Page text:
The U.S. Supreme Court ruling in Fifth Third Bancorp. et al. vs. Dudenhoeffer et al. has injected uncertainty into defined contribution plans' use of employer stock in investment menus.
The court ruled that employee stock ownership plans have no special presumption of prudence in offering employer stock, erasing a 19-year legal principle — called the Moench presumption — that many plans had used as a defense in participant lawsuits that claimed a breach of fiduciary duty when company stock prices fell.
However, the court also provided guidelines for lower courts to assess whether such stock-drop complaints were sufficient to merit a trial. These guidelines discuss plan fiduciaries' responsibilities relating to public information about stocks, insider information, securities laws and plausible alternative actions in the face of a falling stock price.
The ruling's impact goes beyond ESOPs.
“The decision governs qualified retirement plans that are governed by ERISA that offer company stock of the employer, whether publicly traded or closely held, regardless of the plan design,” said Thomas E. Clark Jr., a partner with The Lowenbaum Partnership LLC, St. Louis, and outside ERISA counsel to FRA PlanTools LLC, a fiduciary consulting firm.
DC consultants, attorneys and trade group representatives say the ruling will encourage more plan executives to review how they administer and monitor company stock within DC plans — or question if they want to add company stock to their investment menu. They said it is too early to determine if the decision will lead to more lawsuits or settlements.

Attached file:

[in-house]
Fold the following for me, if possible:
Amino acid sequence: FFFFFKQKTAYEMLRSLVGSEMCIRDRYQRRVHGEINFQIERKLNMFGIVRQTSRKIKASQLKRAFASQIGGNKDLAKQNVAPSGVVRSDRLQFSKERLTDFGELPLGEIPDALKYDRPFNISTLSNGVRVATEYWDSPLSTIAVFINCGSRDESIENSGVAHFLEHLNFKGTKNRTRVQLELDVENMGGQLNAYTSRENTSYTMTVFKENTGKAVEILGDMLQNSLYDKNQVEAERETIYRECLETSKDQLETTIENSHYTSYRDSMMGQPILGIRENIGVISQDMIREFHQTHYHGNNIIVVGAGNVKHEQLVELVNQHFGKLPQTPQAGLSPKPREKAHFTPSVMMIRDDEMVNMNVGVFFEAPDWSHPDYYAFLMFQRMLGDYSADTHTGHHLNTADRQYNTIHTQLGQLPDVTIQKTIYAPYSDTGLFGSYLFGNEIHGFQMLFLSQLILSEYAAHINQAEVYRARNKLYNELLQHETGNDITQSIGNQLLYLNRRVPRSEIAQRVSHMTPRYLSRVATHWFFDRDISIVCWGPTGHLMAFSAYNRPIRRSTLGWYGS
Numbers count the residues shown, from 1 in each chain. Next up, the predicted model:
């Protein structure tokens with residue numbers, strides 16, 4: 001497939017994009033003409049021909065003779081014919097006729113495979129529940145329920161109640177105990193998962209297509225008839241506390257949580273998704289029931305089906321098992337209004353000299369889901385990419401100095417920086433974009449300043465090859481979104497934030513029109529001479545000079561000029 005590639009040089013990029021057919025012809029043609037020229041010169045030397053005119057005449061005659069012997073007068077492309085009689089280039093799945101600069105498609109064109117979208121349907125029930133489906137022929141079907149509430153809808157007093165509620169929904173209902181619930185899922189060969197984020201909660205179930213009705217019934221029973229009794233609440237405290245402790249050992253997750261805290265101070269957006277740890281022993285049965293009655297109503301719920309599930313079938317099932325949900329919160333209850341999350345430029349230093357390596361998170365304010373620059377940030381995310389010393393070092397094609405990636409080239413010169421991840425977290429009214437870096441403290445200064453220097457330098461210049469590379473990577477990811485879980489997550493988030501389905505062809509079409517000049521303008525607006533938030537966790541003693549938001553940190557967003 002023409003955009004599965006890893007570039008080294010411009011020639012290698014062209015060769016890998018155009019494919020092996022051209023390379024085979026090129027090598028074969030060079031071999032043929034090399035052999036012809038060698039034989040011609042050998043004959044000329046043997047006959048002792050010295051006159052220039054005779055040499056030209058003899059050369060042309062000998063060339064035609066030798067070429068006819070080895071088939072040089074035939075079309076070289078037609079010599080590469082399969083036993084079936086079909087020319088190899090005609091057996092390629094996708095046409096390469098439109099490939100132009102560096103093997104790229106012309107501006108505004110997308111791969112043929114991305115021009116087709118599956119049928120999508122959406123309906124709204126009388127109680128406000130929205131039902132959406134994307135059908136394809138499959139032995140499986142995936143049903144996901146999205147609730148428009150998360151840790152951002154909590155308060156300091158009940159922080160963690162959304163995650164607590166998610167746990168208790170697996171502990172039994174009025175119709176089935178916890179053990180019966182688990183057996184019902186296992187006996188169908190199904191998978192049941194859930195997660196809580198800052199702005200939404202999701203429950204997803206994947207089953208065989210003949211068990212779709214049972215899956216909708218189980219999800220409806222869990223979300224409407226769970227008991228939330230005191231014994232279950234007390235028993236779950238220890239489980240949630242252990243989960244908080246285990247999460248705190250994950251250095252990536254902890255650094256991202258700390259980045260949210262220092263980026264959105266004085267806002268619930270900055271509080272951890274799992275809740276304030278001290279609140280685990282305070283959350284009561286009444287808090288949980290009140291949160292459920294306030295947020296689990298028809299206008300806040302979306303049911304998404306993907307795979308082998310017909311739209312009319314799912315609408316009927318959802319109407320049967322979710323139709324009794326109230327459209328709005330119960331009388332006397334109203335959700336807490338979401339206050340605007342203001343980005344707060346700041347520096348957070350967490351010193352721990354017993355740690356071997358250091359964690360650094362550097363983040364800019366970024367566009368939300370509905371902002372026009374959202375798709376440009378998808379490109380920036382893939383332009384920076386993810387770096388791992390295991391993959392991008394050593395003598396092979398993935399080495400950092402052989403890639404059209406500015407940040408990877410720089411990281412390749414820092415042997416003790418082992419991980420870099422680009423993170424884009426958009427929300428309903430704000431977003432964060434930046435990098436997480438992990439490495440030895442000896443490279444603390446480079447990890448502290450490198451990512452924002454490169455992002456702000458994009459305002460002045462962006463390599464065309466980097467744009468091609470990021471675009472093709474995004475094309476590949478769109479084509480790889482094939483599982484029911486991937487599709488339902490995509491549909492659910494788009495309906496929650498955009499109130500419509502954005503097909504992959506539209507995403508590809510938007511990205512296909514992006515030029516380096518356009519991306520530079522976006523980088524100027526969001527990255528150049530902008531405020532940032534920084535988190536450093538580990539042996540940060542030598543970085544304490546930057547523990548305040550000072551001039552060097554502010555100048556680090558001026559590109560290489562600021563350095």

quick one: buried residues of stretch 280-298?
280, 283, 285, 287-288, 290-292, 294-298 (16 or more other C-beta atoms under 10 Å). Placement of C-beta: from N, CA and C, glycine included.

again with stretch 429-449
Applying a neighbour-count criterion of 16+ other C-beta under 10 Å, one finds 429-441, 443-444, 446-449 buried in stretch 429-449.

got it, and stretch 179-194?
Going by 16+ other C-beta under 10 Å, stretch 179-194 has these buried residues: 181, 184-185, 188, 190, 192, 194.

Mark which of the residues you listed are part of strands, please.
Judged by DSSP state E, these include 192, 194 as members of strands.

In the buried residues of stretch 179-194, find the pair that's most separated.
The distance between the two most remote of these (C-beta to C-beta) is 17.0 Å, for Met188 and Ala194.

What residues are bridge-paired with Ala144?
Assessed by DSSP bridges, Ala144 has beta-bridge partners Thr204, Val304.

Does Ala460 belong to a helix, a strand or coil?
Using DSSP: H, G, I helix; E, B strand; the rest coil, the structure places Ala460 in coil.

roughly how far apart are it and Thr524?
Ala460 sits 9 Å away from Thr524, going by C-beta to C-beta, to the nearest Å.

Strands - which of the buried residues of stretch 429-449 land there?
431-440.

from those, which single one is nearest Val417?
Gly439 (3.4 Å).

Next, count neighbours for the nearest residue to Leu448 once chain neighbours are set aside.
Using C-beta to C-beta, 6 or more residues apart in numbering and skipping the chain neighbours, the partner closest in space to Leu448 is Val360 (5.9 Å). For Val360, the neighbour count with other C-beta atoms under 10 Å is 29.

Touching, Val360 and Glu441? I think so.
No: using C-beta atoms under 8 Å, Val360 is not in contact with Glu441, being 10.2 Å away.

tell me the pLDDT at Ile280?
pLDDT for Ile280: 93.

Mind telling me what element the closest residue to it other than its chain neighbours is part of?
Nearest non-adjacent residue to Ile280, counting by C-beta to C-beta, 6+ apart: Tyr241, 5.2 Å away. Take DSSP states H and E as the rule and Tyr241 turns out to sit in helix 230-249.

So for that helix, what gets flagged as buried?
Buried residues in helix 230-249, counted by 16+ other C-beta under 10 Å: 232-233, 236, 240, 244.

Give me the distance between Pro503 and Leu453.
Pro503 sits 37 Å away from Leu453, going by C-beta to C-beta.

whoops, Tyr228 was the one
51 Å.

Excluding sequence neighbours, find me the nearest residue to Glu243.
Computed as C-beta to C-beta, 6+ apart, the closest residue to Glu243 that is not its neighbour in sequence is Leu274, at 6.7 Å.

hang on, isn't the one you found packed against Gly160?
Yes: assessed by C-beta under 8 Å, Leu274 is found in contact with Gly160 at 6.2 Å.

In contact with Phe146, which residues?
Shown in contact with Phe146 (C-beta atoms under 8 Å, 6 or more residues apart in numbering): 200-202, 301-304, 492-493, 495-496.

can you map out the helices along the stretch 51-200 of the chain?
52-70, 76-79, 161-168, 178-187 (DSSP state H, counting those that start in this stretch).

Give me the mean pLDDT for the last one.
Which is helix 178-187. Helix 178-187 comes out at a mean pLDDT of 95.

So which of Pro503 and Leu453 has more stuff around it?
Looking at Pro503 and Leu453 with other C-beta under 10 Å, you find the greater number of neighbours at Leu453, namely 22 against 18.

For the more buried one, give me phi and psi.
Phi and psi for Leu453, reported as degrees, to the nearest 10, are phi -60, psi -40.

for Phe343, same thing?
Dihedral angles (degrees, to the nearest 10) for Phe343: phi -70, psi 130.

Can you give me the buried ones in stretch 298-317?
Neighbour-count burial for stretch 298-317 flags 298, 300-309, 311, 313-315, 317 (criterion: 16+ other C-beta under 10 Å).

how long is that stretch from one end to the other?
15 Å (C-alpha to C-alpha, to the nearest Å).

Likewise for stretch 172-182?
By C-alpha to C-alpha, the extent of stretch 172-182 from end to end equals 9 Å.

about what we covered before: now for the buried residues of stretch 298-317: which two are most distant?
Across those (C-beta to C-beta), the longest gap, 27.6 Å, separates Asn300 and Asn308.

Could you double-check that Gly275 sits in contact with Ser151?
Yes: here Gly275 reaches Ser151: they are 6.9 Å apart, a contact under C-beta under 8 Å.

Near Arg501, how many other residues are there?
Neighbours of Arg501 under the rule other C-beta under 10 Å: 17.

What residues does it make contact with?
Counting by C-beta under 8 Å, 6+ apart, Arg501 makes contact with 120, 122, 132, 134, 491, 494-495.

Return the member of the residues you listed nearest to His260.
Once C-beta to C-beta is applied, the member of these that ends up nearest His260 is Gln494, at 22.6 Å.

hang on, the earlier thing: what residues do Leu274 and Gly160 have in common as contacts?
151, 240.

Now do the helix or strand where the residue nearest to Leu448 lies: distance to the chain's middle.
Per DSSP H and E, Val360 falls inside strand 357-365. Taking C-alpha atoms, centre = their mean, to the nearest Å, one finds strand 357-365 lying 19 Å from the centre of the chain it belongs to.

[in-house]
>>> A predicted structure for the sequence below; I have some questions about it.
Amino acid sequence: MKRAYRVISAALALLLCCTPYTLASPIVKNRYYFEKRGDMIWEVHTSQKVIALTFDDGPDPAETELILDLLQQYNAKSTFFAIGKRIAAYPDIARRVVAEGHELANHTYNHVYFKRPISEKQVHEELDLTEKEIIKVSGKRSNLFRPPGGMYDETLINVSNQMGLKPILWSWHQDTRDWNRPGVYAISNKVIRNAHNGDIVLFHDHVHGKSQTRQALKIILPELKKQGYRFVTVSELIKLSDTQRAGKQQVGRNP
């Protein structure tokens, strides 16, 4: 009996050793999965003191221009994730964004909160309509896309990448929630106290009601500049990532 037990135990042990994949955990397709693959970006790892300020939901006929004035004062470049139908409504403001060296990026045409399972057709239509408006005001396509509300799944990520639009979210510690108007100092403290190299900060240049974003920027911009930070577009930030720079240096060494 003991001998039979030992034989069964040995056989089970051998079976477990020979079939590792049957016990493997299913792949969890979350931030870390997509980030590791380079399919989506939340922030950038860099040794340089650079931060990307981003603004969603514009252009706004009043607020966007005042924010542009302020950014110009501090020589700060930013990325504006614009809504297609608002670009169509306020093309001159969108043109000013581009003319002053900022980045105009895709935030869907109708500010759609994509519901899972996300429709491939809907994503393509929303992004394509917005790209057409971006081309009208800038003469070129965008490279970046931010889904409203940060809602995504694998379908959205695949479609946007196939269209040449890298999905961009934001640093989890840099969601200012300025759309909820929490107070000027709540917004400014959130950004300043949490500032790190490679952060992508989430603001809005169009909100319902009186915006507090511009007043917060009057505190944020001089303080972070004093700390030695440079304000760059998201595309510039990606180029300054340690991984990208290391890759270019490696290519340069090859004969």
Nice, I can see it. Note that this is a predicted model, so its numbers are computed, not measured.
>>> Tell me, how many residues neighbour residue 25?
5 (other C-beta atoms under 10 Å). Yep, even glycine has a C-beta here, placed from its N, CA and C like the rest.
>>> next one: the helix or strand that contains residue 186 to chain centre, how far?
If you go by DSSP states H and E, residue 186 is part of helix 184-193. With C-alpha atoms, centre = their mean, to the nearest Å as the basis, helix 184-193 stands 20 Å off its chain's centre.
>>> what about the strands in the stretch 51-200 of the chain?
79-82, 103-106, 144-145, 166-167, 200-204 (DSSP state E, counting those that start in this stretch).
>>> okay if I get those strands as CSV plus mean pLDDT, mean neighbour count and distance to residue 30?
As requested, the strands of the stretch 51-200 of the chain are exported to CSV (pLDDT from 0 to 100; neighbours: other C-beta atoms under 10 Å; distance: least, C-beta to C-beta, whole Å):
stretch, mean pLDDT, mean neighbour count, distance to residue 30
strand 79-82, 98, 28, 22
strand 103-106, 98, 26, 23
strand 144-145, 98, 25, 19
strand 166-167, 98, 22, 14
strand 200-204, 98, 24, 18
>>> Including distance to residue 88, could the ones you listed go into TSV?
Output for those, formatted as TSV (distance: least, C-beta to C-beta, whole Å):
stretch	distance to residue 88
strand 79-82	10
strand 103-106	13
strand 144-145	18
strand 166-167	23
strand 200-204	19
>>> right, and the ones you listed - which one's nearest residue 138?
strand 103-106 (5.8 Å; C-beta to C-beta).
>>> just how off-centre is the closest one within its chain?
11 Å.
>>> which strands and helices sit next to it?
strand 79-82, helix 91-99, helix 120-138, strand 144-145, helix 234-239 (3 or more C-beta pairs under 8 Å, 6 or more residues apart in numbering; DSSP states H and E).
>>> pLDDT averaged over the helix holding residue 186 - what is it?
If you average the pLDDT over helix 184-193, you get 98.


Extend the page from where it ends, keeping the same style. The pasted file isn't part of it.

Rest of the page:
“There's a lot of sorting out to do,” said Lori Lucas, the Chicago-based executive vice president and defined contribution practice leader at Callan Associates Inc.
Fifth Third Bancorp, a publicly traded company that offers participants a 401(k) plan with many investment options, one of which is company stock via an ESOP. The participants sued, saying fiduciaries breached their duties by failing to act when the company stock price fell 74% between July 2007 and September 2009.
In the 9-0 decision, Justice Stephen Breyer wrote that “ESOP fiduciaries are subject to the same duty of prudence that applies to ERISA fiduciaries in general, except that they need not diversify the (ESOP) fund's assets.”
Instead of relying on the “defense-friendly” presumption of prudence, courts should evaluate stock-drop cases “through careful, context-sensitive scrutiny of a complaint's allegations,” Mr. Breyer wrote.
The Department of Labor hailed the ruling that overturned the presumption of prudence standard established in 1995 by the 3rd Circuit Court of Appeals, Philadelphia, in Moench vs. Robertson. “The Supreme Court's decision will restore the ability of ESOP participants to have their day in court when plan trustees overpay for company stock,” Deborah Greenfield, deputy solicitor of labor, wrote in the DOL's blog June 27.
Although the presumption of prudence “was a reasonable tool” for courts to assess the validity of stock-drop lawsuits early, the new guidelines appear to offer protection against meritless lawsuits, said Scott Macey, president and CEO of the ERISA Industry Committee, Washington. If he were a DC plan executive, Mr. Macey said, “I wouldn't take any precipitous action.”
If DC plans don't have company-stock in their investment lineups now, he added, “I doubt they'll consider adding it” given the uncertainty of how courts will interpret the Supreme Court's decision.
“It's very challenging” to eliminate company stock from an investment menu under any circumstances because sponsors fear participants might think there's something wrong with the company, said Callan's Ms. Lucas.